Animal welfare is another priority issue for “Act for Biodiversity,” which sets a deadline of 2026 for the “full deployment” of standards and best practices defined by LVMH’s 2019 charter on animal welfare in the procurement of raw materials.
“For half a century, UNESCO has been a pioneer in the conservation and sustainable use of biodiversity,” said Audrey Azoulay, director-general of UNESCO. “The UNESCO world network of biosphere reserves already numbers more than 700 sites of experimentation and sustainable solutions. By itself, this network already represents more than 5 percent of the Earth’s surface. Marking the 50th anniversary of this program, our partnership with the LVMH Group is a concrete way of bringing this accumulated experience to fruition.”
Biodiversity has of late become a hot-button issue, especially among fashion brands that have already touted climate-change targets but want to lean further into sustainability. Luxury companies, in particular, rely on teeming, vibrant ecosystems for mining many of their prized raw materials, which are increasingly under attack by the effects of extreme temperatures and other hallmarks of climate change.
As a result, the two concepts often go hand in hand: Last month, the Fashion Pact, a multi-stakeholder agreement backed by Adidas, Chanel, H&M, Nike, Prada, and Hermès, linked arms with Conservation International to launch a $2-million initiative to minimize land-use change, pollution and natural resources extraction.
The effort, which will develop and share best practices to “clean [up] supply chains, improve agricultural practices, decrease deforestation and support livelihoods,” will craft a roadmap for the Fashion Pact’s 60-plus signatories to help them create “positive environmental change” across the supply chains for cashmere, leather, gold and more.
Conservation International also recently partnered with luxury parent Kering to roll out the Regenerative Fund for Nature, a grant-administering vehicle that aims to transition 1 million hectares of current crop and rangeland to regenerative farming practices over the next five years.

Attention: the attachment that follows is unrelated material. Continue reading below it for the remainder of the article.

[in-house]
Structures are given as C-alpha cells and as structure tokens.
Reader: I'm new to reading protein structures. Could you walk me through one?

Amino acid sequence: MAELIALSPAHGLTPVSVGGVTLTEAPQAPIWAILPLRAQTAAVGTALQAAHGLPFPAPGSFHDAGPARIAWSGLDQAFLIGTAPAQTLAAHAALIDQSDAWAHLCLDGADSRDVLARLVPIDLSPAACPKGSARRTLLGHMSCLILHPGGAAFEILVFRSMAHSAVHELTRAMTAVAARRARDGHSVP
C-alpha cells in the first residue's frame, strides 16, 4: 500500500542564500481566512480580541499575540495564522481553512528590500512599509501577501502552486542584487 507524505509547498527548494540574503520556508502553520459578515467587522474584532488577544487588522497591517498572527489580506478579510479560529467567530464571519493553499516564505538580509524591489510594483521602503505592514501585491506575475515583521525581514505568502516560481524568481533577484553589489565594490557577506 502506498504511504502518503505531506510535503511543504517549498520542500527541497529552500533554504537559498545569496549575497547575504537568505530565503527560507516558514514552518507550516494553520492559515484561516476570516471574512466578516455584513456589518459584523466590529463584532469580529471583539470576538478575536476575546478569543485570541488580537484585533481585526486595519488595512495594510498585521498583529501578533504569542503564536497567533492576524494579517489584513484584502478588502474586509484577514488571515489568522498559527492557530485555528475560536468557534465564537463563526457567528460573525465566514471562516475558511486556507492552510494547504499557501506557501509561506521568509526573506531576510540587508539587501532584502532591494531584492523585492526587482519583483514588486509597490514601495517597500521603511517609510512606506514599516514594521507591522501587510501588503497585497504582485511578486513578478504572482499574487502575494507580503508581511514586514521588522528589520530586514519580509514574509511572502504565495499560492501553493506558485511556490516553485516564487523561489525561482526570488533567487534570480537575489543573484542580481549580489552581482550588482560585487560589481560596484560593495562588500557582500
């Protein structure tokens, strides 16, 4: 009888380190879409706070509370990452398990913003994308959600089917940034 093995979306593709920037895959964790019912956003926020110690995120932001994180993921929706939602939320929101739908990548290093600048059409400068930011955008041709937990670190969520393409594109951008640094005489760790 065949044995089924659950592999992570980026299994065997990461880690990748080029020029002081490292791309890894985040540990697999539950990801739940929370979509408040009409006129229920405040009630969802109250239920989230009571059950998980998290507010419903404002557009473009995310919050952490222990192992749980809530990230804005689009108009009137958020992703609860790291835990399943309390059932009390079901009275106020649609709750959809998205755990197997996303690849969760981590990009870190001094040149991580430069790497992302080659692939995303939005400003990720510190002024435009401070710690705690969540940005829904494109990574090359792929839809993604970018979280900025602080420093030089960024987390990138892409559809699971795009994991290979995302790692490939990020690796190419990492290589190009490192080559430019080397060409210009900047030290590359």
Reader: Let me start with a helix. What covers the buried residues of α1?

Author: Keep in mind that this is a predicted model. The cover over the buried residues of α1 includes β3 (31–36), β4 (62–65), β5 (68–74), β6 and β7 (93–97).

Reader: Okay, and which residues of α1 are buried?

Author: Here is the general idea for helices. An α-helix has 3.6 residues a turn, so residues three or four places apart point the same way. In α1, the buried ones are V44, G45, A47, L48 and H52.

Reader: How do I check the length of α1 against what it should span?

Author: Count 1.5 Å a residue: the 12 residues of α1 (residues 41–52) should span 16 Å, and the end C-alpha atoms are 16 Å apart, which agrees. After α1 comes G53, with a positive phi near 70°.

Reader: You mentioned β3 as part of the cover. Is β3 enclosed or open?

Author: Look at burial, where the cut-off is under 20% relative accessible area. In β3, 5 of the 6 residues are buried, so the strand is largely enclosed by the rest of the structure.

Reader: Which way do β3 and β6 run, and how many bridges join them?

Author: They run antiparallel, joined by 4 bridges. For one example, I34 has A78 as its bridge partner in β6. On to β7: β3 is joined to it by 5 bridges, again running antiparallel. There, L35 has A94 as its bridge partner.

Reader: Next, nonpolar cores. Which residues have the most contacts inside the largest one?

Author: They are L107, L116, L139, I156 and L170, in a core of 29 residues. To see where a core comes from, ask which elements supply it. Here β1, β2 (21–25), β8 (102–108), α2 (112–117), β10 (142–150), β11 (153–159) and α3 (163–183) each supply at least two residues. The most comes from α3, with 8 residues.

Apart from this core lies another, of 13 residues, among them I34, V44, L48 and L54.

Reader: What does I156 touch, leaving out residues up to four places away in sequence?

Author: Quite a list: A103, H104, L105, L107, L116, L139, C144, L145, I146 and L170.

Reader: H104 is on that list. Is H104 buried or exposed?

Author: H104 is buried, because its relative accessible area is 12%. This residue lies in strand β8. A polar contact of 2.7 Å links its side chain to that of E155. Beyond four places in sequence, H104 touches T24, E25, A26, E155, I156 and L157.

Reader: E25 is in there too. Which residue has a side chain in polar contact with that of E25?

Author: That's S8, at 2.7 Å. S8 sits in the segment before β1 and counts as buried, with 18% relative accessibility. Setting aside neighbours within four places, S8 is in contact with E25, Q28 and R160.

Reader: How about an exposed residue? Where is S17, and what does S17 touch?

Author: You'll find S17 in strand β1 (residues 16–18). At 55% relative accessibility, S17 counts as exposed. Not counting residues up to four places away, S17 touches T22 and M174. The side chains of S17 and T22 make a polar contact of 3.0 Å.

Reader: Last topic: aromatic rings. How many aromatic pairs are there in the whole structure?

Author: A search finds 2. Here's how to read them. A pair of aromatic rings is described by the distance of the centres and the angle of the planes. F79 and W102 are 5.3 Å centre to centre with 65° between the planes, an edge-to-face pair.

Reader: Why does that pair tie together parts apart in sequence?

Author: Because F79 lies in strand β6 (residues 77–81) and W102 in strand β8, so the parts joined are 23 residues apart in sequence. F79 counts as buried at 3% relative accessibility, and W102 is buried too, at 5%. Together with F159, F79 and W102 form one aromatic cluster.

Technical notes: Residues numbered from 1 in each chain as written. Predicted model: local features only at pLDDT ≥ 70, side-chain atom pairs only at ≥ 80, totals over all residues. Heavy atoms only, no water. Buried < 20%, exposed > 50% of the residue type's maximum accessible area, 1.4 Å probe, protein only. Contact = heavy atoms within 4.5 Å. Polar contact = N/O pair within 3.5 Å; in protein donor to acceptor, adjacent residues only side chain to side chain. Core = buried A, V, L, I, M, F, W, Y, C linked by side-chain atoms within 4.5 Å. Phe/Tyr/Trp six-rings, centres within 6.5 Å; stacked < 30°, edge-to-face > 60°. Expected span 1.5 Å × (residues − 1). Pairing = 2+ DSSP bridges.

“We want to reframe fashion’s relationship to nature,” Marie-Claire Daveu, chief sustainability officer and head of international institutional affairs at Kering, said at the time. “It’s important to have the vision, the strategy and the action plan, but it’s also important to have the operational tools to support the transition.”
Last September, H&M unveiled a four-year non-earmarked financial contribution to the work of the Intergovernmental Platform on Biodiversity and Ecosystem Services, an independent body comprising 137 member governments that examines policies related to biodiversity and sustainable development.
“As the global fashion retailer that we are, and with the ambition that we have—to become climate positive by 2040—we have a big role to play by leading by example and inspiring others to address both climate change and biodiversity,” CEO Helena Helmersson said of the unspecified amount, which she said will help tackle biodiversity loss and the climate crisis. “We must take responsibility for our future together.”